Introduction

Approximately 71% of the Earth’s surface is covered by water with an average depth of 3 kilometres, and 85% of the seafloor lies at a depth greater than 2 kilometres (Cocker 1978). These simple facts help to convey the scale of the ocean waters occupiable beyond the commonly understood continental shelf-seas and well-lit photic zone. The deep-oceans are undoubtedly the largest habitats on Earth and only recently have efforts been made to understand the organisms that live there (Buck 1978).

Bioluminescence has evolved many times independently across an array of taxa (Rees et al. 1998) , from prokaryotes through to complex megafauna such as crustaceans, cephalopods and fish. The marine environment offers perfect conditions for the advance of such bioluminescent species. Due to the stability of large oceanic bodies of water, the relative optical clarity when compared to fresh water systems, the sheer volume of deep waters untouched by sunlight and the vast array of taxonomic groups forced to interact as predators and prey within the food chain (Haddock et al. 2010), Bioluminescence has become natural selection’s weapon of choice.

Figure 1. Cockatoo Squid (http://avasocean.tumblr.com)

Two-hundred metres below the surface lies the largest habitat on Earth; the Deep-Sea. The twilight encountered at this depth and continuing down to around 1000 metres is known as the Mesopelagic zone (Warrant & Locket 2004). A vast, featureless expanse of ocean occupied by a uniquely adapted fauna. The difference between the <1% of naturally occurring light filtering vertically down from the surface and that produced by the organisms inhabiting the zone has fueled a spectacular optical arms race. The Cockatoo squid (Figure 1) is an inhabitant of this twilight zone, a completely transparent cephalopod but for its large opaque eyes. The animal angles its bioluminescent photophores straight down to counter-illuminate its silhouette and avoid predation.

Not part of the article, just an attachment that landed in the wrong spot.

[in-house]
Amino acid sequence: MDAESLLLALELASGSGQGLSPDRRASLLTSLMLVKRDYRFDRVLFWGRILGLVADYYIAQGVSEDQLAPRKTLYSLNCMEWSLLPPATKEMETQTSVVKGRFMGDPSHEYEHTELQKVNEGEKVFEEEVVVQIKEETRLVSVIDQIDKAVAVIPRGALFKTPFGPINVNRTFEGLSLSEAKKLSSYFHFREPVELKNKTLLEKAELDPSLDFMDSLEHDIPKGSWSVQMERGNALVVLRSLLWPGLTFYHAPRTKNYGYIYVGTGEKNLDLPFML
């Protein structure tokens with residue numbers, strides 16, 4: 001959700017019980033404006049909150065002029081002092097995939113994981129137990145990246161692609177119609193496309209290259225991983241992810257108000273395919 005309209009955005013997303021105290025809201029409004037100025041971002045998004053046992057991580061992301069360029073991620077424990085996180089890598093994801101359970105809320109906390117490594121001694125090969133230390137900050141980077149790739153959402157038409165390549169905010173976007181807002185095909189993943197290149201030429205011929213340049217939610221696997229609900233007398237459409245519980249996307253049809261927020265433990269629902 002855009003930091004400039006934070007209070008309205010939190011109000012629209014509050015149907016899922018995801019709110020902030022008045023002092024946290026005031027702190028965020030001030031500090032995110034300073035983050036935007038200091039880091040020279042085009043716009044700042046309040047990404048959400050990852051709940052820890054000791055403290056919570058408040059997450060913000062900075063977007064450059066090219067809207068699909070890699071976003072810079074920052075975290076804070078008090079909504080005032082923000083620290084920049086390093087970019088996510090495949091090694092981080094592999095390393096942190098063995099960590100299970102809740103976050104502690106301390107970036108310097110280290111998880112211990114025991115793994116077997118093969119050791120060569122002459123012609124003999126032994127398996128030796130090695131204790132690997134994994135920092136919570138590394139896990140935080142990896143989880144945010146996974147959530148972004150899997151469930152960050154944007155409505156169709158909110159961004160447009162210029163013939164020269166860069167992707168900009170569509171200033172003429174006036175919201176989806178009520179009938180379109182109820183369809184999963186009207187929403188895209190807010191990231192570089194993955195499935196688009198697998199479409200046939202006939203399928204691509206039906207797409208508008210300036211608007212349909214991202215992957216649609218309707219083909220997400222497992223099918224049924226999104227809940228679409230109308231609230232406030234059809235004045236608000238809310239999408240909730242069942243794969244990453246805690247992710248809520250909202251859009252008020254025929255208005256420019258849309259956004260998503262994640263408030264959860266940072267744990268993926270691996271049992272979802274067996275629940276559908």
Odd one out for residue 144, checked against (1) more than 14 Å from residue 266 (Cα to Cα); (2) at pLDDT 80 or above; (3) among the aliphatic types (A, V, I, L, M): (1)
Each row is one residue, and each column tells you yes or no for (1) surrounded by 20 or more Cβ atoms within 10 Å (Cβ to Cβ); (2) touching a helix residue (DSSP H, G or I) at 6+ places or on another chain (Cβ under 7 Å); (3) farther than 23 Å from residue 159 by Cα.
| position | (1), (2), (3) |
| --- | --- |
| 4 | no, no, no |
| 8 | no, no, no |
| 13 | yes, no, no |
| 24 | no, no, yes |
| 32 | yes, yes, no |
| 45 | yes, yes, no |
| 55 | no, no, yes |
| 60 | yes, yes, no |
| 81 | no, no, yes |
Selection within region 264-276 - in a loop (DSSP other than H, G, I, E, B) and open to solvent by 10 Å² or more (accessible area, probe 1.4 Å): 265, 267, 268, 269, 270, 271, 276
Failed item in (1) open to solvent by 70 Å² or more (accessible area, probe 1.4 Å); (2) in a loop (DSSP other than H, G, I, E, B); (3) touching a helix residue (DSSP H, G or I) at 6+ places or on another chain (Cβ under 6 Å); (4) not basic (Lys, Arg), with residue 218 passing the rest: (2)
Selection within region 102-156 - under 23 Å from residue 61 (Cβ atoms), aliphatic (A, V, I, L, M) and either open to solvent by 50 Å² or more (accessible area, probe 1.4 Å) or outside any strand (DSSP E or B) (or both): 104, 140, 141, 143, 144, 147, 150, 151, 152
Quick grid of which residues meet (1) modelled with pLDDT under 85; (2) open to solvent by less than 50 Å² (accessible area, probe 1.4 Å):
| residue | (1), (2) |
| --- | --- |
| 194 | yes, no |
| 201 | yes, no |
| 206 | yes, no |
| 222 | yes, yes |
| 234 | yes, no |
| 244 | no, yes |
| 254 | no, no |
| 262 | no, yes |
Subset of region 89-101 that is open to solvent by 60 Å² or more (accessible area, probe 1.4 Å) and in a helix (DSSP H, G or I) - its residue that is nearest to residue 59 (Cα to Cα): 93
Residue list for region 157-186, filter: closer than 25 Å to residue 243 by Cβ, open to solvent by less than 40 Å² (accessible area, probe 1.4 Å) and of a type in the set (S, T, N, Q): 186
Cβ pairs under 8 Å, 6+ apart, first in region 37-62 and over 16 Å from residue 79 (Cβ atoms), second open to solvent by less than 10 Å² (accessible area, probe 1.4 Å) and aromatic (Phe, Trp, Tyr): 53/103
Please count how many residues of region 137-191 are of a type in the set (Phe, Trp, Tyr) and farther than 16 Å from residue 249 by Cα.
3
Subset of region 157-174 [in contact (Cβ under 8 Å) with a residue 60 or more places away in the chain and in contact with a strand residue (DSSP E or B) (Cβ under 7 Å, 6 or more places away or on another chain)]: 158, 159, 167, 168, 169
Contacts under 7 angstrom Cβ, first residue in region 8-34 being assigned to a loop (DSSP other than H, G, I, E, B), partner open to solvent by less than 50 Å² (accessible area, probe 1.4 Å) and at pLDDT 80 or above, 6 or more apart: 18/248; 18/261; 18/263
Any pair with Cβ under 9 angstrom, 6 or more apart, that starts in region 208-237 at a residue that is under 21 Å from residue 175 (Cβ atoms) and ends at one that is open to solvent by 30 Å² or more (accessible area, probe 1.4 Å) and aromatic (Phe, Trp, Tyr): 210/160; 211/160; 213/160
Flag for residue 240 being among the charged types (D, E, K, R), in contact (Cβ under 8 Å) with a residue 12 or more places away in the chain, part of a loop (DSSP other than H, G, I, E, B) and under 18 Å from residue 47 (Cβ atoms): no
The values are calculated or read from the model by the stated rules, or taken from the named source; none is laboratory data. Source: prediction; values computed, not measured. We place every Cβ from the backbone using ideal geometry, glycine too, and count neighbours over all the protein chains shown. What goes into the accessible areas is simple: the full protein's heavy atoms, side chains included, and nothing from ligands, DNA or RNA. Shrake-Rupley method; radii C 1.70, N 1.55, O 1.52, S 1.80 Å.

Below 1000 metres exists the Bathypelagic zone, a realm entirely devoid of natural light. Here exploiters have evolved to benefit from bioluminescence in many different ways; from lures, and decoys, through to reproductive beacons (Buck 1978). The subtlety of the battle fought between prey and predator in the twilight above is replaced by a bioluminescent light show of bewildering complexity and diversity in the true darkness.

This review attempts to provide an insight in to the diversity of biological light, the chemistry behind it, which organisms utilise it and why.

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